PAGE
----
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If we have to keep collective bargaining, at least do this

The Las Vegas Sun reported last week that “Gov. Brian Sandoval will not back a bill to eliminate collective bargaining in local government.” Which is fine for now. Rome wasn’t built in a day. However, there IS a serious collective bargaining reform that legislators should approve this session.

Here’s how collective bargaining for government employees generally works. Union negotiators and government negotiators lock themselves behind closed doors and hash out an agreement. However, once they come to an agreement, the union employees who will get the taxpayer-funded salaries and bennies get to vote up-or-down on the agreement hammered out by their negotiators.

So it’s only right that taxpayers, who will be on the hook to pay for whatever the negotiators have agreed to, should similarly get a chance to vote up-or-down on the agreement too, right?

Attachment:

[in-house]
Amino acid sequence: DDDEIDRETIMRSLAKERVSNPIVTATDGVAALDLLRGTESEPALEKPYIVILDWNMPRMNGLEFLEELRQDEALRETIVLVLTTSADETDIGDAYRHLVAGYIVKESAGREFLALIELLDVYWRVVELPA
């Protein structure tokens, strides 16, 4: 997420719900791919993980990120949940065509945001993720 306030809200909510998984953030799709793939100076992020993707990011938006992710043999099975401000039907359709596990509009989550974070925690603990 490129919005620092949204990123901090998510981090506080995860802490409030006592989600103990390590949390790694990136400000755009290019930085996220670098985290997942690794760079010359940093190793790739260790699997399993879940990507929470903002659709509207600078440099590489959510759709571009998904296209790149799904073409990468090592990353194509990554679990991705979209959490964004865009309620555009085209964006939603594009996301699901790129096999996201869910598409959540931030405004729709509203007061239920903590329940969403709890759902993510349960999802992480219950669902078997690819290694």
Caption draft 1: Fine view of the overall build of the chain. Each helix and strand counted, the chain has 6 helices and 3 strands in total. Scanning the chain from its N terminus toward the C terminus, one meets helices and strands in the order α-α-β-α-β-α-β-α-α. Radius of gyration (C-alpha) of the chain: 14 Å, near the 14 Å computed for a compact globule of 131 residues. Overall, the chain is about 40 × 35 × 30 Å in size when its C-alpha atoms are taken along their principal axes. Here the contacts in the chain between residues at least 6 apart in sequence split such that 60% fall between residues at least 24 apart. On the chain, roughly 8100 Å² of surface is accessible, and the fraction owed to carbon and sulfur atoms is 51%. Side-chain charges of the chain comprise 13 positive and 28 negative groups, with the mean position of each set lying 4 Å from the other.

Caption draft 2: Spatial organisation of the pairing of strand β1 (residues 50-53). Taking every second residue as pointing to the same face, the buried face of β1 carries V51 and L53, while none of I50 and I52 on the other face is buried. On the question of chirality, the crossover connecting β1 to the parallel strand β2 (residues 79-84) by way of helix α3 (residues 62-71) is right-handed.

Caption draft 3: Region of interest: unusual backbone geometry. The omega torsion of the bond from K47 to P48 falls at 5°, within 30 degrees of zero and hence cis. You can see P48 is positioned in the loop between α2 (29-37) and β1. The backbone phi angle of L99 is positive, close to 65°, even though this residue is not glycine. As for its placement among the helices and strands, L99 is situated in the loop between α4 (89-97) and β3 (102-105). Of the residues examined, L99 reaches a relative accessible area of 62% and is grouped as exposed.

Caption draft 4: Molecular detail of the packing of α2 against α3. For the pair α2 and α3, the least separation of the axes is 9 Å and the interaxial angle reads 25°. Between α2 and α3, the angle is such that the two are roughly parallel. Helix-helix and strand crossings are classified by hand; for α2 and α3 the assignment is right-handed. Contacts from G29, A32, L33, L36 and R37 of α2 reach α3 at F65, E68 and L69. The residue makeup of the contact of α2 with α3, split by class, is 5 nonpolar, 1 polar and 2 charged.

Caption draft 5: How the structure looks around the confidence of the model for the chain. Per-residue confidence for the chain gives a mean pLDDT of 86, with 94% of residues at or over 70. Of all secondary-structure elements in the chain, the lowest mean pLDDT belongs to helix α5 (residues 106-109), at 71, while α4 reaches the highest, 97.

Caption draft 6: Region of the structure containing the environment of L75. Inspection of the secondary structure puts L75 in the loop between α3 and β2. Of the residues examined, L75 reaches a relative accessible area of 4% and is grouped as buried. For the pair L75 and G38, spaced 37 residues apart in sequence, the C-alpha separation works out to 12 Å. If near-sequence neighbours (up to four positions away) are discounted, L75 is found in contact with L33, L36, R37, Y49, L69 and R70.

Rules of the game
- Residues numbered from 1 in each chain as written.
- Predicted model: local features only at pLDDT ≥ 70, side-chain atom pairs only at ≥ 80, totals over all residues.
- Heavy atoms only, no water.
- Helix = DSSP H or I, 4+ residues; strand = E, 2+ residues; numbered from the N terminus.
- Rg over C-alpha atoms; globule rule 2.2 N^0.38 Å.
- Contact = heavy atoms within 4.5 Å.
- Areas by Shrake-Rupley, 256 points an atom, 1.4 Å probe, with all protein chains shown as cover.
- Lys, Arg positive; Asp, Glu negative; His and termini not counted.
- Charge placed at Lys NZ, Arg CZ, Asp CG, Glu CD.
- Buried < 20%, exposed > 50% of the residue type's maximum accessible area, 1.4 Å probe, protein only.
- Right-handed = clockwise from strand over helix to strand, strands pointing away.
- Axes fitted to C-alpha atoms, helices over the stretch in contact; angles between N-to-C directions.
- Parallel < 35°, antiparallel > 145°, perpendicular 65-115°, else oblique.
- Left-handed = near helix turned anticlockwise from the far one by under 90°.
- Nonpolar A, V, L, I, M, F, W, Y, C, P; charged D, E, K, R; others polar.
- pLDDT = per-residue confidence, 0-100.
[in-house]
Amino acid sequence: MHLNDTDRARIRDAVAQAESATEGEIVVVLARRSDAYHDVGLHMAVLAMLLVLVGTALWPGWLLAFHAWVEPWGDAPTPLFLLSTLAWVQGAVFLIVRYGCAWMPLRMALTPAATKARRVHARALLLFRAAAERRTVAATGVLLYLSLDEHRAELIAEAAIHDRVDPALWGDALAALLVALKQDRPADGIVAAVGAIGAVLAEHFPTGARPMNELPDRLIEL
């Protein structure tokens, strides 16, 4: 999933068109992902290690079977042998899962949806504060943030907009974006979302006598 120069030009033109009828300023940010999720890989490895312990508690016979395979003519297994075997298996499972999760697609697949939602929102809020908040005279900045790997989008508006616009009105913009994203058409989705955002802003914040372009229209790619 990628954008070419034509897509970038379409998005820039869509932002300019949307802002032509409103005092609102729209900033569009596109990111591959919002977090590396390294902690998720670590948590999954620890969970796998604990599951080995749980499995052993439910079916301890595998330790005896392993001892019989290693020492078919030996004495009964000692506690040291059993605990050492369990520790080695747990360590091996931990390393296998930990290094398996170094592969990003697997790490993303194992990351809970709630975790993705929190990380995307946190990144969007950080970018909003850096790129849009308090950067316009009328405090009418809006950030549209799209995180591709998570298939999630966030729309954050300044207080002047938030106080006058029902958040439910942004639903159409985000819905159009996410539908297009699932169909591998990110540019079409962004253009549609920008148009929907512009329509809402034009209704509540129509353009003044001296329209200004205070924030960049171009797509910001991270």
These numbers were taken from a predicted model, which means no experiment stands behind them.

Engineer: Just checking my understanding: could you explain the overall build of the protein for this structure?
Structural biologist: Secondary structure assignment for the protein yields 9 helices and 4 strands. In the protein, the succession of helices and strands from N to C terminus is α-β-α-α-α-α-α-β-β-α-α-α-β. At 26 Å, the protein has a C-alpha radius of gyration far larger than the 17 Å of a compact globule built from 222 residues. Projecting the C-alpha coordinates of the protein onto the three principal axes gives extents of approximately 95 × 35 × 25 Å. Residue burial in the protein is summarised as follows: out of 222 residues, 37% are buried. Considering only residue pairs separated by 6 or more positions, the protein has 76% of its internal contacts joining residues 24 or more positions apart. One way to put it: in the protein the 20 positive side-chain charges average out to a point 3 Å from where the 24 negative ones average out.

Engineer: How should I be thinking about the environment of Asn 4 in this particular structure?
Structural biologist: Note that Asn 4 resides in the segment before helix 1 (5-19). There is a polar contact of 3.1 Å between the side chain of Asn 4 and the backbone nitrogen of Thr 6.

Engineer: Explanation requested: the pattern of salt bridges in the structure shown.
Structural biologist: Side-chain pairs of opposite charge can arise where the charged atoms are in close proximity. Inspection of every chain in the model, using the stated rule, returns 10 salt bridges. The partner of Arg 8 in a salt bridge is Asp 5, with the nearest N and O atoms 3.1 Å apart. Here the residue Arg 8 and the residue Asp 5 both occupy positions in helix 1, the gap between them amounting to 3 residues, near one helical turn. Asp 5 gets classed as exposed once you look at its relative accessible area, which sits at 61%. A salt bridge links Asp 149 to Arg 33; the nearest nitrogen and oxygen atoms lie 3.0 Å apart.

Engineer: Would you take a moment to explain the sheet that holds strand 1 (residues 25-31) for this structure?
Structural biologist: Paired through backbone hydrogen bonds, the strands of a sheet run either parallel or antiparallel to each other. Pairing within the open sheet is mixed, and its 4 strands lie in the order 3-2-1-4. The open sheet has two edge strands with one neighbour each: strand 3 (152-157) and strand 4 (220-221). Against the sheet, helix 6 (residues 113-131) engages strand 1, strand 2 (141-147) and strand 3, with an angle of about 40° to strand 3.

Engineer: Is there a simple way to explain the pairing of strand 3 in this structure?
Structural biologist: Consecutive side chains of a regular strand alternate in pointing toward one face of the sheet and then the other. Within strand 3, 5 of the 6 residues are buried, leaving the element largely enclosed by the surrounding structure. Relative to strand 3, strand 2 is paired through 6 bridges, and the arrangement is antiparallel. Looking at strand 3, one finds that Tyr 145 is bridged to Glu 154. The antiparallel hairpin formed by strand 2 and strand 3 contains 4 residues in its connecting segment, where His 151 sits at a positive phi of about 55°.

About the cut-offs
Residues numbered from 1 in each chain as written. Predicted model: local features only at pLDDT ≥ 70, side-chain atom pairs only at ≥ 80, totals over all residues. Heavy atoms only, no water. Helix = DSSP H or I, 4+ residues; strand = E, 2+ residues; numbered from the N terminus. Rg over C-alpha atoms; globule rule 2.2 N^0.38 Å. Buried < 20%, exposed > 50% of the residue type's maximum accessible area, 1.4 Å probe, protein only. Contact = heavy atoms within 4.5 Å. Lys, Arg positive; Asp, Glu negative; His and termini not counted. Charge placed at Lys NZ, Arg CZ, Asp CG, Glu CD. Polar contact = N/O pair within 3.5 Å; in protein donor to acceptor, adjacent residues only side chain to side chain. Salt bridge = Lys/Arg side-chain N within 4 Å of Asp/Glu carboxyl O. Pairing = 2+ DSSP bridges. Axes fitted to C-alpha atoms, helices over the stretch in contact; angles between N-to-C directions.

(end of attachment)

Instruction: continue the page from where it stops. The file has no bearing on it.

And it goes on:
And if taxpayers get to vote on these agreements, taxpayers will be far more likely to know exactly what’s in them….and I suspect, considering the higher-than-private-sector salaries and Cadillac benefits our “public servants” have been getting in recent years, they won’t be too happy and could well reject overly-generous agreements that elected officials, worried about ticking off the unions before re-election, have been rubber-stamping.

If the employees get to vote on the contracts, the employers (taxpayers) should get to vote on the contracts. What’s good for the goose and all that. So let it be written; so let it be done.


This blog/website is written and paid for by…me, Chuck Muth, a United States citizen. I publish my opinions under the rights afforded me by the Creator and the First Amendment to the United States Constitution as adopted by our Founding Fathers on September 17, 1787 at the Constitutional Convention in Philadelphia, Pennsylvania without registering with any government agency or filling out any freaking reports. And anyone who doesn’t like it can take it up with George Washington, Thomas Jefferson, Ben Franklin and John Adams the next time you run into each other.

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